Board Composition—Old Wine in New(er) Bottles

It’s a pleasure to join Concurring Opinions this month. The internet can be a little touch-and-go in China—I was in central China last week, with only limited access—but I hope to contribute some thoughts as the “Beijing correspondent” over the next few weeks.

For those who have not yet been to Beijing, let me commend it to you. Beyond the tourist attractions (and there are many), there is much going on in China as the country begins to lower the cost of central government, enhance domestic consump¬tion (and inward investment), and promote a deeper capital market. Every day brings something new.

Perhaps as surprising is the ubiquity of U.S. corporate governance—in particular, the director-monitor model—as a standard against which domestic alternatives are measured, notwithstanding some fundamental differences in corporate structure and financial markets.

As some may be aware, my co-authors and I recently addressed the role of directors beyond monitoring in a working paper, entitled Lawyers and Fools: Lawyer-Directors in Public Corporations (available here; forthcoming, The Georgetown Law Journal).

Specifically, we analyze the effect on firm value of directors with legal training (“lawyer-directors”) who sit on the boards of public, non-financial corporations. Beyond monitoring, directors with legal training help manage litigation and regulation, as well as structure compensation to align CEO and shareholder interests.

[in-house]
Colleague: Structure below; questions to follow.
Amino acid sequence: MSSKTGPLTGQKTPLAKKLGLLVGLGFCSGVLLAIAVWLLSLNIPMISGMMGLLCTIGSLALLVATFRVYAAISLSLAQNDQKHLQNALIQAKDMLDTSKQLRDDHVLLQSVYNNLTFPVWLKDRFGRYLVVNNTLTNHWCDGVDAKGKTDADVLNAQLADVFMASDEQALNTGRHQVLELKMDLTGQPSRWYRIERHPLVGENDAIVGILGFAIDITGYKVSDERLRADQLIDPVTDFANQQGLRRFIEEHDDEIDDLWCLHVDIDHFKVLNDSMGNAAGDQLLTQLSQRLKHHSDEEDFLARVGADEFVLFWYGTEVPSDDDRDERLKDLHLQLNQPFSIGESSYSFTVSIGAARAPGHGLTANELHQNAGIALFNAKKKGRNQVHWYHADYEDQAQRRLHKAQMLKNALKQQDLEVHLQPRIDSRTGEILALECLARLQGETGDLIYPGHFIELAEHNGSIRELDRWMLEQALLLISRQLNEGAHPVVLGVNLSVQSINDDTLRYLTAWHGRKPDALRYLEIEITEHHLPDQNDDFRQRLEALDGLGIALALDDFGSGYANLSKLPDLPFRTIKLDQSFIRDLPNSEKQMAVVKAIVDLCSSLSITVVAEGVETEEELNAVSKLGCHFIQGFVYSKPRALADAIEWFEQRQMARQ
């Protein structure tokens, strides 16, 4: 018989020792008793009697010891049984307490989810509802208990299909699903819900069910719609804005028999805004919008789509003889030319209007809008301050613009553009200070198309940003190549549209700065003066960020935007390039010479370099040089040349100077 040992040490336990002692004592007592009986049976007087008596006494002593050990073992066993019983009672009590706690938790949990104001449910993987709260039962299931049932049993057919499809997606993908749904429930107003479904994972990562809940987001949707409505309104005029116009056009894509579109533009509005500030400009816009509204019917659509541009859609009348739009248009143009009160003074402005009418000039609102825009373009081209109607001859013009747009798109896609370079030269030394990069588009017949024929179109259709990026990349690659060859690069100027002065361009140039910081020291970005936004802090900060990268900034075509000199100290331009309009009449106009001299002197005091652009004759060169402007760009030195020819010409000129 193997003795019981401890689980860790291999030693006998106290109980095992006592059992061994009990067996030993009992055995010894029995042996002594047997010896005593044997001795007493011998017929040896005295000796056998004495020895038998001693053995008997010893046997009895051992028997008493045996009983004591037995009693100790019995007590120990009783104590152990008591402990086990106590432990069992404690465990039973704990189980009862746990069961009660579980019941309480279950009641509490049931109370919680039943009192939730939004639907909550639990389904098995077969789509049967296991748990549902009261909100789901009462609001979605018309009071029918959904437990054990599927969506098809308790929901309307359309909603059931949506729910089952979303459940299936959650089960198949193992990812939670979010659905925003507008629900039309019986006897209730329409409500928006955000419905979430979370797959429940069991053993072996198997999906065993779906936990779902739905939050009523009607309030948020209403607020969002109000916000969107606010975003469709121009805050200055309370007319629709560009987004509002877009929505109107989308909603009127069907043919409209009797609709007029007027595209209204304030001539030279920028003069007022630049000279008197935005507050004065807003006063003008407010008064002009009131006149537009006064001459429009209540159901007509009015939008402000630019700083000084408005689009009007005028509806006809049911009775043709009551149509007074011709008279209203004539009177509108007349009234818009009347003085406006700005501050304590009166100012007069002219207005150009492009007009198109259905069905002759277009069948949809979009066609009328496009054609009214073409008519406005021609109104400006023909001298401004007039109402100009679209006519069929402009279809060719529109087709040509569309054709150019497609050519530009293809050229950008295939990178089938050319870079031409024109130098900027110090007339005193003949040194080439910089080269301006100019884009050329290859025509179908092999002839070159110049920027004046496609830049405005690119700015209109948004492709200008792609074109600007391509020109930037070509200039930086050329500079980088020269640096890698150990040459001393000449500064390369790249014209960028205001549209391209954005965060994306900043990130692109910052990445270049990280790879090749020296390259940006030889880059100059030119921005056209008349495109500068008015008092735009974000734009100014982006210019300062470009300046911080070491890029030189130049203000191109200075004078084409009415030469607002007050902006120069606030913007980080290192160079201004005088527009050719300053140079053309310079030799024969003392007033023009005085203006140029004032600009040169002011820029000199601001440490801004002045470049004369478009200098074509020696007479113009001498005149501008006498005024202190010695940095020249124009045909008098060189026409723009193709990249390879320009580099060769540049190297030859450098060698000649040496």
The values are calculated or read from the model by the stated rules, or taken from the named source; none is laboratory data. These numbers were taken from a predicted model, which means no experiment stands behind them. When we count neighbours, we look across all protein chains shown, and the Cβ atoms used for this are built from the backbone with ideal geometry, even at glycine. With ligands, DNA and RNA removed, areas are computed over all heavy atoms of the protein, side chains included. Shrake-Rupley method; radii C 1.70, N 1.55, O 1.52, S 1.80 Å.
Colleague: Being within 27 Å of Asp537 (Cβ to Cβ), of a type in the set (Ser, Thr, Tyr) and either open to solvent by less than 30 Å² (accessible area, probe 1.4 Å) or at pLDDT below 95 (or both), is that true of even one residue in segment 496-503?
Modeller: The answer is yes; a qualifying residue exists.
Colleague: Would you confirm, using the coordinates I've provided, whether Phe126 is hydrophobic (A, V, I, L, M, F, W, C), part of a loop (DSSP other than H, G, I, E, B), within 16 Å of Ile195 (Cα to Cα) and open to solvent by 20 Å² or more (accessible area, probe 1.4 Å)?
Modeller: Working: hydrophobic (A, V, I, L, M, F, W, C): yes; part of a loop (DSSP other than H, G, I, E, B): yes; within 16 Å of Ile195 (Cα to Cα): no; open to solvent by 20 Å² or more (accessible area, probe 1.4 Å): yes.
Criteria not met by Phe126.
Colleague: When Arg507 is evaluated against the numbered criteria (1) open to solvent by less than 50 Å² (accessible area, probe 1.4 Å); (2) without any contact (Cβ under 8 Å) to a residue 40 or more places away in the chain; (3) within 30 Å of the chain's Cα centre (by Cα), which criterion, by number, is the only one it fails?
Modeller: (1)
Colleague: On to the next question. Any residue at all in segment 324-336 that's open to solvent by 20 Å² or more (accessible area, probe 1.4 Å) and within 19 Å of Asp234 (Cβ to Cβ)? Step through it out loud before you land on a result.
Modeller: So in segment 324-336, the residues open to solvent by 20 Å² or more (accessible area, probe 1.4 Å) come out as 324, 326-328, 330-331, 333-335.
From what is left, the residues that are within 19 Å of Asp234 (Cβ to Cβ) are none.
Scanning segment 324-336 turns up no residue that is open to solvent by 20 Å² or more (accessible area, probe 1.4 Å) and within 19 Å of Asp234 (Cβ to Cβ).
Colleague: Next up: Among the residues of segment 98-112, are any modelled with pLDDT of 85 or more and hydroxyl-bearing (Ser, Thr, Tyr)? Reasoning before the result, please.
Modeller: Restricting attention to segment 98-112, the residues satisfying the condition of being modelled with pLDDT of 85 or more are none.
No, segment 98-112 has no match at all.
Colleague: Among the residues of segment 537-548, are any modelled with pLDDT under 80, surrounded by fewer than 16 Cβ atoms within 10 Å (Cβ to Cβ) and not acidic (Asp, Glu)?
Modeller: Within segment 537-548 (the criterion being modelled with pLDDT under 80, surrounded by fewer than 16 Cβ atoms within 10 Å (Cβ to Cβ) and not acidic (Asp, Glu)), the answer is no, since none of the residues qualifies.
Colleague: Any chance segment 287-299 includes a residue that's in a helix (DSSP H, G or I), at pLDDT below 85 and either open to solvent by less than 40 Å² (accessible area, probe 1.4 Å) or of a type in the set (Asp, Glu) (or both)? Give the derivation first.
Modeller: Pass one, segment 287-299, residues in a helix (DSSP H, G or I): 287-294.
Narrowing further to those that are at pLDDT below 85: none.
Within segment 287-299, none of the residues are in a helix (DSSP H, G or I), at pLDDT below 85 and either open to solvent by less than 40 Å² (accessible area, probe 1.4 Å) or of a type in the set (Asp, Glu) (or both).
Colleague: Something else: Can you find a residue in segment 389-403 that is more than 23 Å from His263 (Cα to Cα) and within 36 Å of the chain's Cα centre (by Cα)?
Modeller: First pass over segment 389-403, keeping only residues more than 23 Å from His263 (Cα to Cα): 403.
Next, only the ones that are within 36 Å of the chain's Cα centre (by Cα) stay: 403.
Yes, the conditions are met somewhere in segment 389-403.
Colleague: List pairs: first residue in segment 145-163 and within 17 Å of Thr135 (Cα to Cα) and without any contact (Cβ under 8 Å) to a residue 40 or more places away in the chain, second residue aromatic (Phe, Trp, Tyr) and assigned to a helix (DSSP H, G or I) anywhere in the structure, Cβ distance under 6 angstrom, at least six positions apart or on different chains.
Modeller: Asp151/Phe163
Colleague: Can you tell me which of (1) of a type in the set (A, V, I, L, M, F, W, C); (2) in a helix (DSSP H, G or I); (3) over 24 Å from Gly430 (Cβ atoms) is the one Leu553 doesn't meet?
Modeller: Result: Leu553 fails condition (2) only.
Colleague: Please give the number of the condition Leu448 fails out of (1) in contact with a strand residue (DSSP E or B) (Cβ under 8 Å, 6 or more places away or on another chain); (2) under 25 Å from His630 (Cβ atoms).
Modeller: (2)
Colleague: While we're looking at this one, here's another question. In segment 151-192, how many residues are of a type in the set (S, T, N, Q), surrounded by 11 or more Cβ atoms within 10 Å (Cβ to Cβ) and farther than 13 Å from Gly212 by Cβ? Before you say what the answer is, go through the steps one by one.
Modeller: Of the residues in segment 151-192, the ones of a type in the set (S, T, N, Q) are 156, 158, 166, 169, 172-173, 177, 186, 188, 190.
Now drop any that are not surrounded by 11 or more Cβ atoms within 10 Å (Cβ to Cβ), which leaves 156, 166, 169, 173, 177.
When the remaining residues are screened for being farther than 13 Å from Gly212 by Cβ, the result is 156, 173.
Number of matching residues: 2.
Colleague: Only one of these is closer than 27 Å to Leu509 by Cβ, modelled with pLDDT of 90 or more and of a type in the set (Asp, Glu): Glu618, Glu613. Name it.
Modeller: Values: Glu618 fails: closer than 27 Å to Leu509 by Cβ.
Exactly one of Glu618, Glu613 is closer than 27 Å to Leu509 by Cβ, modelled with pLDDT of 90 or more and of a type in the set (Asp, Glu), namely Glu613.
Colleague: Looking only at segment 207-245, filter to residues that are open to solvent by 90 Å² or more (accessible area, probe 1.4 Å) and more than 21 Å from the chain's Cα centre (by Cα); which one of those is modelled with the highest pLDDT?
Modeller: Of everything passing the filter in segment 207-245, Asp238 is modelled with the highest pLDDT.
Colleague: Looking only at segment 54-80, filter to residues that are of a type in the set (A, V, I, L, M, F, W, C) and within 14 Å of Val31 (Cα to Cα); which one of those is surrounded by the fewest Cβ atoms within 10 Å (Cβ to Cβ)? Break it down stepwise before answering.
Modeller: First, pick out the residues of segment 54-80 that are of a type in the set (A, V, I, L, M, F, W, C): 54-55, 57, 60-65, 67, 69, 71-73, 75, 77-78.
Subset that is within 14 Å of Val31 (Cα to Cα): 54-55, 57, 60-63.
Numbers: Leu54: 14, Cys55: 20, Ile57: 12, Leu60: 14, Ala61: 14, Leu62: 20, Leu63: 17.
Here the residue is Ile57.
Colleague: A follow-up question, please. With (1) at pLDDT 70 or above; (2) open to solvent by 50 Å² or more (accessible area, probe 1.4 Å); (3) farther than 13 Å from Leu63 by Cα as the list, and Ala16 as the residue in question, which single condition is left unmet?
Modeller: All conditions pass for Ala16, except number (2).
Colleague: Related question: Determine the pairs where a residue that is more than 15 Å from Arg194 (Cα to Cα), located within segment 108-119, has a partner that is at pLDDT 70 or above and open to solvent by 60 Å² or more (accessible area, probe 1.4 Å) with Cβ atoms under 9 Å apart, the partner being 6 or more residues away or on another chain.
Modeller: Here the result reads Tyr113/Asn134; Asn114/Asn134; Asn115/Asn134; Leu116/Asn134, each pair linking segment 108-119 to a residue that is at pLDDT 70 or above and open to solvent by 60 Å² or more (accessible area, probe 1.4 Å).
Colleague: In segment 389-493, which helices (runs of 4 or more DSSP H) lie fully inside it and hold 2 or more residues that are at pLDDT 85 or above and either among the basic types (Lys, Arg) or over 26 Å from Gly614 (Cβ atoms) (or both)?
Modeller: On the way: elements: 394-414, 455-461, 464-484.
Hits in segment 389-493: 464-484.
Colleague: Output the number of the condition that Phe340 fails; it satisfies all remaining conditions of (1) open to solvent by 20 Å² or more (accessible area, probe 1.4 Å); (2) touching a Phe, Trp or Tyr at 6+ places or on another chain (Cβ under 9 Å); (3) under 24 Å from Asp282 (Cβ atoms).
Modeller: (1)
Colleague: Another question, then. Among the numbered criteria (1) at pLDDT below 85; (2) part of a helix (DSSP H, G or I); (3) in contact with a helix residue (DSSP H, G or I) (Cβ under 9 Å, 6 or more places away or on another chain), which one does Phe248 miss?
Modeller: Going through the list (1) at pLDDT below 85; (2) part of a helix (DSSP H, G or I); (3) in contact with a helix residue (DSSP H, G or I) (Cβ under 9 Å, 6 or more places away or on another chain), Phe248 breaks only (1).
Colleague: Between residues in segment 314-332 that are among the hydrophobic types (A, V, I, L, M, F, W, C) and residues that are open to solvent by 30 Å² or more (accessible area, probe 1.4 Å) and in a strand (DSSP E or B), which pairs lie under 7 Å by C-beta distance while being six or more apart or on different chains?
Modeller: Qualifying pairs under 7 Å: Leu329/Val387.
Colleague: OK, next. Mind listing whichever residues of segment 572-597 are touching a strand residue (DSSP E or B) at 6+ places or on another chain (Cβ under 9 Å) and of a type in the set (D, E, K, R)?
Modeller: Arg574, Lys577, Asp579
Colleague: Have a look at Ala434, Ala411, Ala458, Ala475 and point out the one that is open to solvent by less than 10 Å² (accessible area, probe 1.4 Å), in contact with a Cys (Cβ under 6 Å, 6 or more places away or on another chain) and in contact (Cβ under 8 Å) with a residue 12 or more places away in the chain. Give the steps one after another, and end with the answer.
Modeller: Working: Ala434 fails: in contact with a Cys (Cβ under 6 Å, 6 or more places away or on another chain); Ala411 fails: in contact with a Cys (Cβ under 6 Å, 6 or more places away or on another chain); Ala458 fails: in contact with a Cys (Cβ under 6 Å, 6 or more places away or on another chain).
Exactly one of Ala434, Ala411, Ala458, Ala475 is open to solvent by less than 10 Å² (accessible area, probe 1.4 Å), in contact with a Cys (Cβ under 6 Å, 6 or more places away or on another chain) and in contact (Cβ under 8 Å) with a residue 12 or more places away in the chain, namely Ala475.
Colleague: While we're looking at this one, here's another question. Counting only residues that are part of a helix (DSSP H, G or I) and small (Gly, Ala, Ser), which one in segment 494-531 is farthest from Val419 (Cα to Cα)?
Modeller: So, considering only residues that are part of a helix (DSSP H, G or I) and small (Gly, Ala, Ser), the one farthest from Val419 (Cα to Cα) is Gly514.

On average, a lawyer-director increases firm value by 9.5 percent, and when the lawyer is also a company executive, the increase rises to 10.2 percent. During our sample period, 2000-2009, the result was an almost doubling in the percentage of public companies with lawyer-directors.

A particular focus of our argument is that, beyond internal agency costs, external factors can shape the board and its organization. Which directorial skills are optimal will be affected over time by changes in the firm’s operating environment.

What that suggests is that a one-size-fits-all approach to the board may impose a less-flexible, less-efficient model of corporate governance on organizations with different needs and characteristics.

None of that should be too surprising to U.S. corporate academics. It suggests, however, that what is optimal for U.S. firms is likely to be less so in a political economy that is as fundamentally different as China’s.

As the new Chinese government begins to implement its reforms—and they appear to be quite serious in doing so—what will be interesting is whether China’s regulators can begin to adapt Western concepts of corporate governance to a new(er) Chinese model that reflects the local government, economy, and environment.

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